Spotlighting the Twerp

Alternate title: Don’t get out much?

Duncan’s answers to his kindergarten spotlight form:

My favorite place to go is “the grocery store with cars attached to the cart.”

[Please don't waste your time worrying about his deprived life.  In the past few months I have taken this boy to the library, This is the Place State Park, the natural history museum, the Bean Museum, the art museum, the ocean, his grandma's houses, two different swimming pools, and several different parks.  But dedicated as I am to child self-expression I dutifully noted down his answer.]

I am “happy.”

My favorite color is “shiny red and shiny yellow.”

I like to eat “Lucky Charms.”

I like to “run.”

My favorite candy is “marshmallows.”

My favorite toy is “Lightning McQueen.”

My favorite restaurant is “The Golden Corral.”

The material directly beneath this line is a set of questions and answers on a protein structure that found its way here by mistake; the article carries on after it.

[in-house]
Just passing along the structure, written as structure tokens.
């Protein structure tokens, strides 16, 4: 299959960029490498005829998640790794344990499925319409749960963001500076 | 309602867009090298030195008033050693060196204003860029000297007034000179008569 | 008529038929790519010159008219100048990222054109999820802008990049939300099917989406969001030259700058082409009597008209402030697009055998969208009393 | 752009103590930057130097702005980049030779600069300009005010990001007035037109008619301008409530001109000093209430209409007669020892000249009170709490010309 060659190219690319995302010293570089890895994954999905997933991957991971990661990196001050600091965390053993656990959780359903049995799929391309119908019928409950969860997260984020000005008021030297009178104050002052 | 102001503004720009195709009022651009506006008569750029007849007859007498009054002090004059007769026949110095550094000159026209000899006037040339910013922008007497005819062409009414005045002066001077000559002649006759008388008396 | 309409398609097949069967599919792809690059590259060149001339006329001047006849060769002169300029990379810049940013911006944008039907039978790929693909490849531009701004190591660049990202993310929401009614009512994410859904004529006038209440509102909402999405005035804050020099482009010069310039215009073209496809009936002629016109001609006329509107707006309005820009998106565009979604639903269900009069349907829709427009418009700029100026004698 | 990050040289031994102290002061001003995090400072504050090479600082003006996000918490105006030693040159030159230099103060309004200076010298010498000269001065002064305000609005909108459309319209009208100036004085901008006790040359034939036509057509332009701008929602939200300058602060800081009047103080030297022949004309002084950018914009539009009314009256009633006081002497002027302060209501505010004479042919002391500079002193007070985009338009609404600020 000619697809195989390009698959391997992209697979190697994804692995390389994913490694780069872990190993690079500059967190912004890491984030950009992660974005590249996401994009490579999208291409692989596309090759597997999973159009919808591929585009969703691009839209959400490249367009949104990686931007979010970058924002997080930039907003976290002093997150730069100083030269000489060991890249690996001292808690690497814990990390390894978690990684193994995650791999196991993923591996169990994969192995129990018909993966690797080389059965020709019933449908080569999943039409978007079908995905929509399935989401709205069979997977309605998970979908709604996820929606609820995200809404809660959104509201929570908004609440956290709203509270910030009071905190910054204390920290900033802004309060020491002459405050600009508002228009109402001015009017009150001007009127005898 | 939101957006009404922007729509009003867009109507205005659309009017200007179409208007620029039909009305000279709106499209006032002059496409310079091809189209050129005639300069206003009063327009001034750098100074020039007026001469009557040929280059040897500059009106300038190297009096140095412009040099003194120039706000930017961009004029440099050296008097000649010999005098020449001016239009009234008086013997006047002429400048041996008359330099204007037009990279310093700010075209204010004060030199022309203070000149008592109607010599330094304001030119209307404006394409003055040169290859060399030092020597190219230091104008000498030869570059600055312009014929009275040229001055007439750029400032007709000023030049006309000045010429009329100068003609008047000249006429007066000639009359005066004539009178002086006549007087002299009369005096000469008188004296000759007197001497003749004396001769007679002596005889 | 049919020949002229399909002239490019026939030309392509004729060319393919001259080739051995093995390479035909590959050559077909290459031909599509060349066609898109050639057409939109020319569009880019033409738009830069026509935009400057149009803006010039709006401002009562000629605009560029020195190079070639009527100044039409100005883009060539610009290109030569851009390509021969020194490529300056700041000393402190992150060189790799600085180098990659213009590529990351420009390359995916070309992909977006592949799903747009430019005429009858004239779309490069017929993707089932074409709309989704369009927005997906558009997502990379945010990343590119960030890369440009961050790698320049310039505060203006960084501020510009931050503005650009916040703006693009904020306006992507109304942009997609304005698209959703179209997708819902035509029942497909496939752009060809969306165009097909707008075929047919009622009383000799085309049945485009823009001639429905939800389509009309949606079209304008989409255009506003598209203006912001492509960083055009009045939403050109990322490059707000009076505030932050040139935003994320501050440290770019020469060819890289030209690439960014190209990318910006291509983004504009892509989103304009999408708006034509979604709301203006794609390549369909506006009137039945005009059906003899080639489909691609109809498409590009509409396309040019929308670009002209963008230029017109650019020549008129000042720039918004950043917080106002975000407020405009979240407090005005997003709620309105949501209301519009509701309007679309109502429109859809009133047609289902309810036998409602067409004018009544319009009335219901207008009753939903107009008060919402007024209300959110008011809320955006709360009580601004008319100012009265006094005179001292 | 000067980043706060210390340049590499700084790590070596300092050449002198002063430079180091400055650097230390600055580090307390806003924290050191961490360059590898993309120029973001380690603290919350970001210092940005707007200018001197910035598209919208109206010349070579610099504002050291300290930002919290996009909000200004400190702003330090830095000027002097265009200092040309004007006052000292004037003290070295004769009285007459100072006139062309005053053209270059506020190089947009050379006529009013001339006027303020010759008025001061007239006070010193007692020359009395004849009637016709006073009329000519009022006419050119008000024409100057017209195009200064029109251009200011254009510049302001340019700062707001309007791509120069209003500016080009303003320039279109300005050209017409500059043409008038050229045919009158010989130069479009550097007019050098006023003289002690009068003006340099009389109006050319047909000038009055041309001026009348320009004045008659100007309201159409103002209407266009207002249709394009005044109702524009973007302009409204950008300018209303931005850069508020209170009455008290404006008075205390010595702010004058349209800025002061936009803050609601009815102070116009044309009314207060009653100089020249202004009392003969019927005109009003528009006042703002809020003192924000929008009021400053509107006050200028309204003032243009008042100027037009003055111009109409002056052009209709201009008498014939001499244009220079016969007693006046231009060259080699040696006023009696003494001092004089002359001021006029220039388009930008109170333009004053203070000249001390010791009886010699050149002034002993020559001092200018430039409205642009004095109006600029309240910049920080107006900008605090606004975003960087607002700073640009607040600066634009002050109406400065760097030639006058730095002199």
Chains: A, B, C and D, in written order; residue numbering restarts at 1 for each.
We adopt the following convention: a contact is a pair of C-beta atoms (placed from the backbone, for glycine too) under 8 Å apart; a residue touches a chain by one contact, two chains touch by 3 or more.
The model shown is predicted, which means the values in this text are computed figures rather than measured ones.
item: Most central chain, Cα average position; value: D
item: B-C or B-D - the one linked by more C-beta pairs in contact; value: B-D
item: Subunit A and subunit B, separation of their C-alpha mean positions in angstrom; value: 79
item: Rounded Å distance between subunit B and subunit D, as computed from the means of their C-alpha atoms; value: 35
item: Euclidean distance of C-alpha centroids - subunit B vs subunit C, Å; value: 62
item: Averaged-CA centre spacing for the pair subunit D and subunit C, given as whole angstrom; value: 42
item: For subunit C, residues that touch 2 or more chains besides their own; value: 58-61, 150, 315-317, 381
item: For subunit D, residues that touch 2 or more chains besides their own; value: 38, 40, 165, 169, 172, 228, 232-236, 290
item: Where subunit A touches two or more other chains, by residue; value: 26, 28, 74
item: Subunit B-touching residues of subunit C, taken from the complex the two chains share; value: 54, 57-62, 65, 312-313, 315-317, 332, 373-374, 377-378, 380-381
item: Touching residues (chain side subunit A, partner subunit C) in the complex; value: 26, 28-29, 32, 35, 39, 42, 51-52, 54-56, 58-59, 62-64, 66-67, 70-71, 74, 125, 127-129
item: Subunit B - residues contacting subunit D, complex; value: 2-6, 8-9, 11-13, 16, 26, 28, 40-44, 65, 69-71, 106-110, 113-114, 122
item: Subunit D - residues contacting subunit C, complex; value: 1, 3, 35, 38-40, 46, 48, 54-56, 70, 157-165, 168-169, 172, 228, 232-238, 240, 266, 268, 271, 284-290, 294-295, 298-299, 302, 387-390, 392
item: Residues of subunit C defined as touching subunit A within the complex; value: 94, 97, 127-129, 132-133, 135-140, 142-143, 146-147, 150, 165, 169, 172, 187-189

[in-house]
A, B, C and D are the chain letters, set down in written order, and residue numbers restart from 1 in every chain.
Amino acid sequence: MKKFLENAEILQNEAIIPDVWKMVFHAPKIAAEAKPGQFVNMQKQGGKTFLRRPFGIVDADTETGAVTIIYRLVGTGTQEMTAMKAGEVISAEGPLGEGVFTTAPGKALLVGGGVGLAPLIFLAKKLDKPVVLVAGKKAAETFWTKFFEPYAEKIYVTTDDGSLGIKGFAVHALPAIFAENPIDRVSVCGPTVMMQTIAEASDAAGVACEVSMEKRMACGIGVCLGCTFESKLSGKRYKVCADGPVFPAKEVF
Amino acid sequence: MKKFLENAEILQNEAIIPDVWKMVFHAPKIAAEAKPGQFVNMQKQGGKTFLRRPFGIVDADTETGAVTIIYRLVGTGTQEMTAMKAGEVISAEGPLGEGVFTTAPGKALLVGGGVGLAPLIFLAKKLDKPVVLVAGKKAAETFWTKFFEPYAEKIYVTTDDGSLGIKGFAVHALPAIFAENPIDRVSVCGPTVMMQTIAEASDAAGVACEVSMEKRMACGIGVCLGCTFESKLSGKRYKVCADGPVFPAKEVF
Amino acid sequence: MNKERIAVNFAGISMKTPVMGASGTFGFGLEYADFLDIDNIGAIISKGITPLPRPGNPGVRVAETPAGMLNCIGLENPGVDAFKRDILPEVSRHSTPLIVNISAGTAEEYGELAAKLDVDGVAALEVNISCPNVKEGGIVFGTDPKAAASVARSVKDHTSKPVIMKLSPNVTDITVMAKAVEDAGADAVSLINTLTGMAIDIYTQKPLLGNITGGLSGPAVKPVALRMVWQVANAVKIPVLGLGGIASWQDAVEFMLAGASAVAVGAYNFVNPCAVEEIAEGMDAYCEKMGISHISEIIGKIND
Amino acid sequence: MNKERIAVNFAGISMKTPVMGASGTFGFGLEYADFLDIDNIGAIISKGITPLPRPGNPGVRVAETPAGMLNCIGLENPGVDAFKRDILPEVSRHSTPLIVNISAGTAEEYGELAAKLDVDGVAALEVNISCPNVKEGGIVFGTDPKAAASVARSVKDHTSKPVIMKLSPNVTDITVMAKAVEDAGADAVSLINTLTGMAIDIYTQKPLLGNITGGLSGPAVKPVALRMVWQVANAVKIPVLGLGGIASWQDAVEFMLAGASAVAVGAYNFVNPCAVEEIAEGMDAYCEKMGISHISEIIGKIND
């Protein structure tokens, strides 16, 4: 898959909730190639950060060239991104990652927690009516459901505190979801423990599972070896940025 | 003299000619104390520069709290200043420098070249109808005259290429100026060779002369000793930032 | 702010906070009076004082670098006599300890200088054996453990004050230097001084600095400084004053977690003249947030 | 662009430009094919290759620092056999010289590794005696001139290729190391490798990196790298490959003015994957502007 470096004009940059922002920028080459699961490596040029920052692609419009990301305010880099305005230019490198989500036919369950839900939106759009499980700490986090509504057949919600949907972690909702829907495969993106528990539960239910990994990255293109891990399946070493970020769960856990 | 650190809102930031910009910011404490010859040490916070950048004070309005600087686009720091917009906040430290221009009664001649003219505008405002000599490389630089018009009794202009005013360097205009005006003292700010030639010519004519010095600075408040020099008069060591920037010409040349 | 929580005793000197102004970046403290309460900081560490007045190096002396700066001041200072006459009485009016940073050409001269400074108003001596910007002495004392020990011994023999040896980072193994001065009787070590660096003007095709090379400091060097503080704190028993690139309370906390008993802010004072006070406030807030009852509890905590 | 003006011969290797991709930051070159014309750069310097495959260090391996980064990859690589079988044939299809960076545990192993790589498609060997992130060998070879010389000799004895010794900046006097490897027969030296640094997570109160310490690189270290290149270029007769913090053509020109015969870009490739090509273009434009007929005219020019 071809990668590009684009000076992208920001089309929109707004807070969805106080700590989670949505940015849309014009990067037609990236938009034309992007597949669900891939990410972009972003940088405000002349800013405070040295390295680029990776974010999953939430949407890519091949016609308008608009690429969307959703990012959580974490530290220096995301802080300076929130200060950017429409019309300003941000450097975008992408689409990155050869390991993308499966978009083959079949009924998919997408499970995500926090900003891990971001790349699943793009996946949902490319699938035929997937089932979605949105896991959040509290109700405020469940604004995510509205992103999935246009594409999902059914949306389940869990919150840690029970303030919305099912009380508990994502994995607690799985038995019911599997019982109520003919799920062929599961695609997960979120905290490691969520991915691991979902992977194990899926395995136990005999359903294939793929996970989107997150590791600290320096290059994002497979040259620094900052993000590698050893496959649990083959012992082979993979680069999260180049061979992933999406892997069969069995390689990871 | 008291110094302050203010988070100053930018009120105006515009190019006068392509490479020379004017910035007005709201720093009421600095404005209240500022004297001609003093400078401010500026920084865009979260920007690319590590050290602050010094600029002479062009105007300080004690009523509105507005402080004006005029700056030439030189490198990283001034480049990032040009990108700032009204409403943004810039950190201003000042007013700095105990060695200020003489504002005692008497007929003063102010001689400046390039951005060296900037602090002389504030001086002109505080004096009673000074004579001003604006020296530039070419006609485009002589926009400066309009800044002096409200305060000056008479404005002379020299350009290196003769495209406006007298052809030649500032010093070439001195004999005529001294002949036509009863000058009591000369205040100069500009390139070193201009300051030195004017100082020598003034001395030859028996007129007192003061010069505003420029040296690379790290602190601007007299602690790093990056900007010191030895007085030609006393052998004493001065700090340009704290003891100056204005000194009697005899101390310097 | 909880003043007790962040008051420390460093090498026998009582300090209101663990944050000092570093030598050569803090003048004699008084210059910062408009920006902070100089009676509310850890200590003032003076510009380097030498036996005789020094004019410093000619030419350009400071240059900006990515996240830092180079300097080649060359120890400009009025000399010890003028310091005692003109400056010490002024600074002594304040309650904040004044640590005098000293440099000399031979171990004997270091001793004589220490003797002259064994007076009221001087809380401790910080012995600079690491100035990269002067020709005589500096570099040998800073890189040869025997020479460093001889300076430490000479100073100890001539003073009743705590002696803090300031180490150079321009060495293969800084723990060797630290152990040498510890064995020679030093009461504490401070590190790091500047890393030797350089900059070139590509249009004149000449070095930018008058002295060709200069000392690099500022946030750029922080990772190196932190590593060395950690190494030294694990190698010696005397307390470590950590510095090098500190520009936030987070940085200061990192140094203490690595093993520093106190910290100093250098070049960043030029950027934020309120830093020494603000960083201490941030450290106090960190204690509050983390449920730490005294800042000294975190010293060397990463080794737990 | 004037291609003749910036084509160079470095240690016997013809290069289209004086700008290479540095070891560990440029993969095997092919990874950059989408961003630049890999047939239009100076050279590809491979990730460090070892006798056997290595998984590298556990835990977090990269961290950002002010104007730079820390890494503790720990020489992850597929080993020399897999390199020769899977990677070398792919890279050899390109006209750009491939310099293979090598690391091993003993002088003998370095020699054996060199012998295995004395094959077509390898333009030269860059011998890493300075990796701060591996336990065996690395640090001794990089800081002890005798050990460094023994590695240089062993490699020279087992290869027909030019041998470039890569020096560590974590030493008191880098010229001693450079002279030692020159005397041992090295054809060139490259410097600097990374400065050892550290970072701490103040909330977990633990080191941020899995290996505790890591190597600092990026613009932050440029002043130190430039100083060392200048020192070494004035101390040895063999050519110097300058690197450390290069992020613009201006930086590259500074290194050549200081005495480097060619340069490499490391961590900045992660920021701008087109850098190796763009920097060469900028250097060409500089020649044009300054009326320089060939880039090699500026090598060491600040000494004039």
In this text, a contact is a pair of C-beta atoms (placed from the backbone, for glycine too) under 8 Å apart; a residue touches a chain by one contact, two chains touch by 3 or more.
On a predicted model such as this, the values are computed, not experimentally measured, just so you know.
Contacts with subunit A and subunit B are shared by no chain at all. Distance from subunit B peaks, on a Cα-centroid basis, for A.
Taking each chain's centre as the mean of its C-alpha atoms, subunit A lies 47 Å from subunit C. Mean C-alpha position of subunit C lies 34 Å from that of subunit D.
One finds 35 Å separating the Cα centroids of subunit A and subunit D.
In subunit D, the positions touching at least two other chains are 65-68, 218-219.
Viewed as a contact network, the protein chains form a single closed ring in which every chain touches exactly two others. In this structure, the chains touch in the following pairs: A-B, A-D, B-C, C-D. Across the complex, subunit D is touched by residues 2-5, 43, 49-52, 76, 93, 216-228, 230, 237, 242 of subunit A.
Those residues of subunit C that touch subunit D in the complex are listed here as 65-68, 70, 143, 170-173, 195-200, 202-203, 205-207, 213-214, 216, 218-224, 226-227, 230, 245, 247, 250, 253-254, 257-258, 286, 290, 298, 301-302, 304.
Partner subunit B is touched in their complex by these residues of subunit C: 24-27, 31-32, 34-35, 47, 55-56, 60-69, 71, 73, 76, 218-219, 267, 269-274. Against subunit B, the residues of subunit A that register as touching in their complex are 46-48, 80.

My favorite holiday is “Christmas.”

I have 5 people in my family.

They are “not very nice.  I wish I lived by myself.”

[Actually, despite my aforementioned commitment to child self-expression, I declined to write that down.  Was that the wrong move? I pointed out that his class would be hearing this and waited.]

They are “The nicest of all is my Daddy.”

Did I mention that I took him to the grocery store that has cars attached to the cart yesterday?  But I didn’t get the cart with the car attached because it is too difficult to maneuver?  Daddy, I was told, always gets the cart with the car.  Do you think this could be related?

Board Games

We like to play board games. Our family has some new favorites and some old classics that I’d like to recommend.  Please recommend your favorites as well!


My highest recommendation goes to Bananagrams: Also, Best Word GameBananagrams is basically a set of Scrabble tiles in a bright yellow fabric banana.  If you don’t like word games, you won’t like Bananagrams.  If you do enjoy word games, this will probably quickly become one of your all-time favorites.